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Wednesday, November 14, 2012

Middle of November, No D300s Replacement In Sight.

More and more it looks to be that the 3 cameras stated by Nikon to be released in 2012 were the D800/D800E, the D600 (full-frame entry level) and the D5200. It appears that they are leaving the DX (crop sensor) playing field wide open to Canon. So far there has been no semi-professional DX body released or any rumor of a D400 (a replacement to the D300s) floating in the ether.

What does that mean for professional/high-end amateurs with no expected D300/300s replacement in sight? For some it may mean a costly DX lens dump (for those who have been shooting with DX lenses such as the AF-S 18-70mm f/3.5-4.5 and going to a fixed aperture f/4 lens or expending lots of money and going to the storied 14-24mm f/2.8 and 24-70mm f/2.8; and saving for a full-frame D4.

As of right now it appears as though Nikon is not planning any more releases this year and from the looks of it, DX is being relegated to the entry level playing field. Hopefully I'm proven wrong and that it doesn't mean that Nikon is finished with DX in a professional sense. But it feels as though there has been a push by Nikon to guide the high-end amateurs and professionals into full-frame as a standard. I guess you could say I'm a stubborn hold-out but whether a full-frame upgrade right now is necessary, we'll just have to wait and see.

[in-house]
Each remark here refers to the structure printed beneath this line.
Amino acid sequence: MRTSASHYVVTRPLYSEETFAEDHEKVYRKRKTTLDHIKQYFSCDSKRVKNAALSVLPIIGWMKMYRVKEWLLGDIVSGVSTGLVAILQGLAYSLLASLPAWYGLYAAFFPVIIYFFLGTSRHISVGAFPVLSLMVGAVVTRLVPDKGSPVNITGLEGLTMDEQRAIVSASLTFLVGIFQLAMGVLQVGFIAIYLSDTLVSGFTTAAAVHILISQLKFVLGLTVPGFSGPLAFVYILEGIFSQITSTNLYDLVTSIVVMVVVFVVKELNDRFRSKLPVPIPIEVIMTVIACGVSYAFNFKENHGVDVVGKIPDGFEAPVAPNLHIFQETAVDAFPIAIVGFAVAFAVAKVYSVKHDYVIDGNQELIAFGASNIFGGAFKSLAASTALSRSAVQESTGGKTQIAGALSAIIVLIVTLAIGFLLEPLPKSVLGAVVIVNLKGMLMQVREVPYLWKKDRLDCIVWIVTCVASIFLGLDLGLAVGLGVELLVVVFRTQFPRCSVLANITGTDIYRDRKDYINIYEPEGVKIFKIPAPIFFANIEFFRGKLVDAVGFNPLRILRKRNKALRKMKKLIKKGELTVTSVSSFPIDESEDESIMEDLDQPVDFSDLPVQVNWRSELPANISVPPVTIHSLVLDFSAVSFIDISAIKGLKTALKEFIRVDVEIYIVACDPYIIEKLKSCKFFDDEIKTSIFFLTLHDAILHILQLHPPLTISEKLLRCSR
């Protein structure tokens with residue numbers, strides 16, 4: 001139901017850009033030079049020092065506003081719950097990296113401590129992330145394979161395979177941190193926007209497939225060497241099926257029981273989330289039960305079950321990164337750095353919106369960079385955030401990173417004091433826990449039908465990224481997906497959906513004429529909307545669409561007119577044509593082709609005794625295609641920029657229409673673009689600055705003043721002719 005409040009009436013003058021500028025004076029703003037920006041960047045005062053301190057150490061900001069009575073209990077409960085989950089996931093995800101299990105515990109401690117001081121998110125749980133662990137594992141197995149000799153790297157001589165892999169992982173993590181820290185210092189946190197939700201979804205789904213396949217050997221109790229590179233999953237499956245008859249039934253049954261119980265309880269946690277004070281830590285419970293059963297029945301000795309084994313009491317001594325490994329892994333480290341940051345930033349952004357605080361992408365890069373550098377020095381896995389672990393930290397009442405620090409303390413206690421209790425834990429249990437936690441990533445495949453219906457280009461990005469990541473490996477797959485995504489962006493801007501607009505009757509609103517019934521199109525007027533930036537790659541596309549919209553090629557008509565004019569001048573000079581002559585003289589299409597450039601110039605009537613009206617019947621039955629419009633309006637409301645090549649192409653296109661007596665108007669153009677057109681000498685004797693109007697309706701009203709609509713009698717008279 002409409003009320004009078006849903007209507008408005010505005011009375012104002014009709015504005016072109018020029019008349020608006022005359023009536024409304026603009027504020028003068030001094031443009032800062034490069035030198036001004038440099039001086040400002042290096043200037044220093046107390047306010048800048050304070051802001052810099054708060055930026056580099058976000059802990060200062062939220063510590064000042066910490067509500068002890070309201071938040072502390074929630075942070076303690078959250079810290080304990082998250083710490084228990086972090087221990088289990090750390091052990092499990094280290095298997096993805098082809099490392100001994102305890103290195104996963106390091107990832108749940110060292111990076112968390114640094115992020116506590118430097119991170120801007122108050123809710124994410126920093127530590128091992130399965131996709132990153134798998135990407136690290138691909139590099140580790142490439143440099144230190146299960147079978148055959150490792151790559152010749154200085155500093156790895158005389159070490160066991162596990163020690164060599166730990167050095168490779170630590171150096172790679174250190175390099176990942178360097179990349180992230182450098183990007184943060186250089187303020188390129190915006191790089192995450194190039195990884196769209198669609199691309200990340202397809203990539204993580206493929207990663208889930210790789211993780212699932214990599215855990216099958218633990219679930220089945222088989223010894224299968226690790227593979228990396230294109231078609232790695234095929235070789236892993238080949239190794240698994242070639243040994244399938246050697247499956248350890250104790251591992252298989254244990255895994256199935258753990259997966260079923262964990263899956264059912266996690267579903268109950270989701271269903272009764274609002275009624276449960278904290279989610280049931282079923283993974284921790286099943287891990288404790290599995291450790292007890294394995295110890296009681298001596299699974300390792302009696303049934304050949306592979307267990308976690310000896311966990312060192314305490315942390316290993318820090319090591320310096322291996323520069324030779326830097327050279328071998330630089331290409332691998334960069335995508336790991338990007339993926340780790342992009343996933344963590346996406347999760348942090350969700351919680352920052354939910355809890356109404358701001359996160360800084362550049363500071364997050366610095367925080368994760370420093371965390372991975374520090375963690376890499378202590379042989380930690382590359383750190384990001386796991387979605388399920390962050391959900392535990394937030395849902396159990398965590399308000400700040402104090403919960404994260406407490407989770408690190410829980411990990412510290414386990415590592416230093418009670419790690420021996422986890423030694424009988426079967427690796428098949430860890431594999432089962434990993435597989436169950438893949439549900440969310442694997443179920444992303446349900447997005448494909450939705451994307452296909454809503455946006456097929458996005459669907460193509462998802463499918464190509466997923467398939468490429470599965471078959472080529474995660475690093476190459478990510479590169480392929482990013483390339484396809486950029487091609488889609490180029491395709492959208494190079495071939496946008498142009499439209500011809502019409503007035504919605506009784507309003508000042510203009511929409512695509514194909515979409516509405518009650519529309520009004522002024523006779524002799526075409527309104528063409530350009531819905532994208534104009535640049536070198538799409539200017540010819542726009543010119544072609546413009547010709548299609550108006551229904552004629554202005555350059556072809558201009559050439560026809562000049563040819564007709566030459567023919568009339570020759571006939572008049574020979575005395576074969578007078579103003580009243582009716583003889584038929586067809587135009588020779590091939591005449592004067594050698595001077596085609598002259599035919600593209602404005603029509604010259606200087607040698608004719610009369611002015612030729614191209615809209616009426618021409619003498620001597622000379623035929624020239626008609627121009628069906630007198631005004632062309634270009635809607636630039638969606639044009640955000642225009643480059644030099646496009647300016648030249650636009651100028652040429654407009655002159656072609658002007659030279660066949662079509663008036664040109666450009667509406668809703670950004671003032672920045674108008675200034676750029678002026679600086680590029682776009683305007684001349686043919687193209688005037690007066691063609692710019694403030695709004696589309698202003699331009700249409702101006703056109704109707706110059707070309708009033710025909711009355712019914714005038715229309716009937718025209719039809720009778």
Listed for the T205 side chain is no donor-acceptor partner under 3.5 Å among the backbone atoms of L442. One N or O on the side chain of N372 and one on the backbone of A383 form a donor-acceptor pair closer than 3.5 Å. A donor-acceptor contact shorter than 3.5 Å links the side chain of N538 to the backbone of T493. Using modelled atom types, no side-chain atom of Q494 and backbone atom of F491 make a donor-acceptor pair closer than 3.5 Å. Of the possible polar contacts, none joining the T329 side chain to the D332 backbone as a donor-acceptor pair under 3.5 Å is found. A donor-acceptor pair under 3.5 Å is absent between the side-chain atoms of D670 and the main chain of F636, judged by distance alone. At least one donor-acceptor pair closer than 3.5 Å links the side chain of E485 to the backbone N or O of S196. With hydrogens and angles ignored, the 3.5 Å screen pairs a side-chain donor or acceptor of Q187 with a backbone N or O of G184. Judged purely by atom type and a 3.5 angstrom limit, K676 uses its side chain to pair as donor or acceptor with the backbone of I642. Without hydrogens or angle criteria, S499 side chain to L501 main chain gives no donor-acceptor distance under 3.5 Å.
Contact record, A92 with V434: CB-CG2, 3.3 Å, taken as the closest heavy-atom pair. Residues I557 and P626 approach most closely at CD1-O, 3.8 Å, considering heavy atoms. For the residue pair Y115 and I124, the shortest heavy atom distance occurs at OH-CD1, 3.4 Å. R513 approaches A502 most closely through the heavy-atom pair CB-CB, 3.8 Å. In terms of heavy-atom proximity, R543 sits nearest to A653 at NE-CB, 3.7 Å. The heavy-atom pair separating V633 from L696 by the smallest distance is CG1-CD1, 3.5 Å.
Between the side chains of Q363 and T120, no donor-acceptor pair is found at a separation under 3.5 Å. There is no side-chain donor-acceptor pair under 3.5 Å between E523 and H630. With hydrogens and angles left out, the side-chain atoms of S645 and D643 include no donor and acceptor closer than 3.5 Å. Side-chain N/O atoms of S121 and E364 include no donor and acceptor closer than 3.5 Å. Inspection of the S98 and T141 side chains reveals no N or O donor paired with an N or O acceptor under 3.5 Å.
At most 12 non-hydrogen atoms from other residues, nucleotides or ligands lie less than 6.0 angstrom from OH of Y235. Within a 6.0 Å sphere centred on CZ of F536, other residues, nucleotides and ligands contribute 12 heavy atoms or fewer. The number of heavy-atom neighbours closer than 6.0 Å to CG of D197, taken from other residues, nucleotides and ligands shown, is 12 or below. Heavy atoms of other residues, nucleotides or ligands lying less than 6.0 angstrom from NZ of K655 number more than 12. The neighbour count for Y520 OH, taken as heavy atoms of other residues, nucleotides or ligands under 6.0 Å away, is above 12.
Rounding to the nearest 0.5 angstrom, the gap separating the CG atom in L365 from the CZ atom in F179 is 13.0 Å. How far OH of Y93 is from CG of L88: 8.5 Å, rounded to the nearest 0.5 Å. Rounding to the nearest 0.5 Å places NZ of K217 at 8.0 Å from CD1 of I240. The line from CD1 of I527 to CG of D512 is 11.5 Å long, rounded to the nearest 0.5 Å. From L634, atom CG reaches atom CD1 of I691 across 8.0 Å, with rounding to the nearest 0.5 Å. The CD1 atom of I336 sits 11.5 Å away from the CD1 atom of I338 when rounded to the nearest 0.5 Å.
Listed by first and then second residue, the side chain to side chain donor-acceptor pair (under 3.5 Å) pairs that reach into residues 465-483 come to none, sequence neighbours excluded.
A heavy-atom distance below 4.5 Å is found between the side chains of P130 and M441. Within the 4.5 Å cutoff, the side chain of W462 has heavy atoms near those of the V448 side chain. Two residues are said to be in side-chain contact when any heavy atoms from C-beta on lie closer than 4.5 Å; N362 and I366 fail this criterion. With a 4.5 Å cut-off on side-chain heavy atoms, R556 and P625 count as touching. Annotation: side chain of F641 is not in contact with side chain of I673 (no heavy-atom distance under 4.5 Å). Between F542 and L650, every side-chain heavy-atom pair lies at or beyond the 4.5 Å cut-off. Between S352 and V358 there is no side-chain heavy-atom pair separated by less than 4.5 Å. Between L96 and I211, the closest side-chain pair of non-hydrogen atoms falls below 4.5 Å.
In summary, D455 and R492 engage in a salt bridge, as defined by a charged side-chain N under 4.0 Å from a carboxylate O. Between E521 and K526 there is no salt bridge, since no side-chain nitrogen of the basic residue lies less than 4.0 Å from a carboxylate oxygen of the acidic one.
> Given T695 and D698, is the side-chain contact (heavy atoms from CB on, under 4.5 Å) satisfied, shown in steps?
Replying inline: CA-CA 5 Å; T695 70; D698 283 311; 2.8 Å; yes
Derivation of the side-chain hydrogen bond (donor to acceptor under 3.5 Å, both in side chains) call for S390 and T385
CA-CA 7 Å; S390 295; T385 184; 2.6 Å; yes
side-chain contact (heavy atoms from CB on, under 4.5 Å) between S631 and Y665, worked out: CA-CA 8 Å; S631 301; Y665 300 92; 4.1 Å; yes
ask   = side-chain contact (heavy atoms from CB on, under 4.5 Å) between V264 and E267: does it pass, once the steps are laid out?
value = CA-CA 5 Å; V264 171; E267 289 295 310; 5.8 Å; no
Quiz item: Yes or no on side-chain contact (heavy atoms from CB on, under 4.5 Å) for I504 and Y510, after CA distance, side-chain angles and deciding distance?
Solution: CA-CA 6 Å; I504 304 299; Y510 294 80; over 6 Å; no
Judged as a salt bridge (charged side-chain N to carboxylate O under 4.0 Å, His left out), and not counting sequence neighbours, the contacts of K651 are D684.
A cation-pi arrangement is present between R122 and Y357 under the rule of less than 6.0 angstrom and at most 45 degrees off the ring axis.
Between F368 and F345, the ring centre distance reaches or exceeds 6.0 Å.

1. You forgot the D4 and D3200 in the list of Nikon cameras released in 2012. 5 new DSLRs in one year is above average for Nikon. 2012 was the year of FX, 2013 could very well be the year of DX.

    As for the D300s replacement, that could come early next year, maybe even January. Canon is rumored to be releasing the 7D MKIII in that time frame, so it makes sense that Nikon would release the D400 around the same time.

    Not sure how Nikon left the crop frame field open to Canon, who only released the T4i. The T4i is just a recycled T3i, which was a recycled T2i with the same tired 18MP Canon sensor that is over three years old now. Meanwhile Nikon put new, higher performance, sensors in the D3200 and D5200.

  2. Thanks for the reminder on the D4 and the D3200. What I did find was that the D4 was supposed to be press-released for the public in the last quarter of 2011. Unfortunately, due to unknown circumstances, presumeably the 2011 earthquake in Japan, there was some delay in the release of the D4 due to production runs being curtailed while the factories got back up to speed.

    As for 2013 being the year of DX. One can only hope so, but from what it looks like, Nikon still appears to be making a significant push for FX. I hope my view is proven wrong though. It would be nice to have a D400 with at least 16-18MP.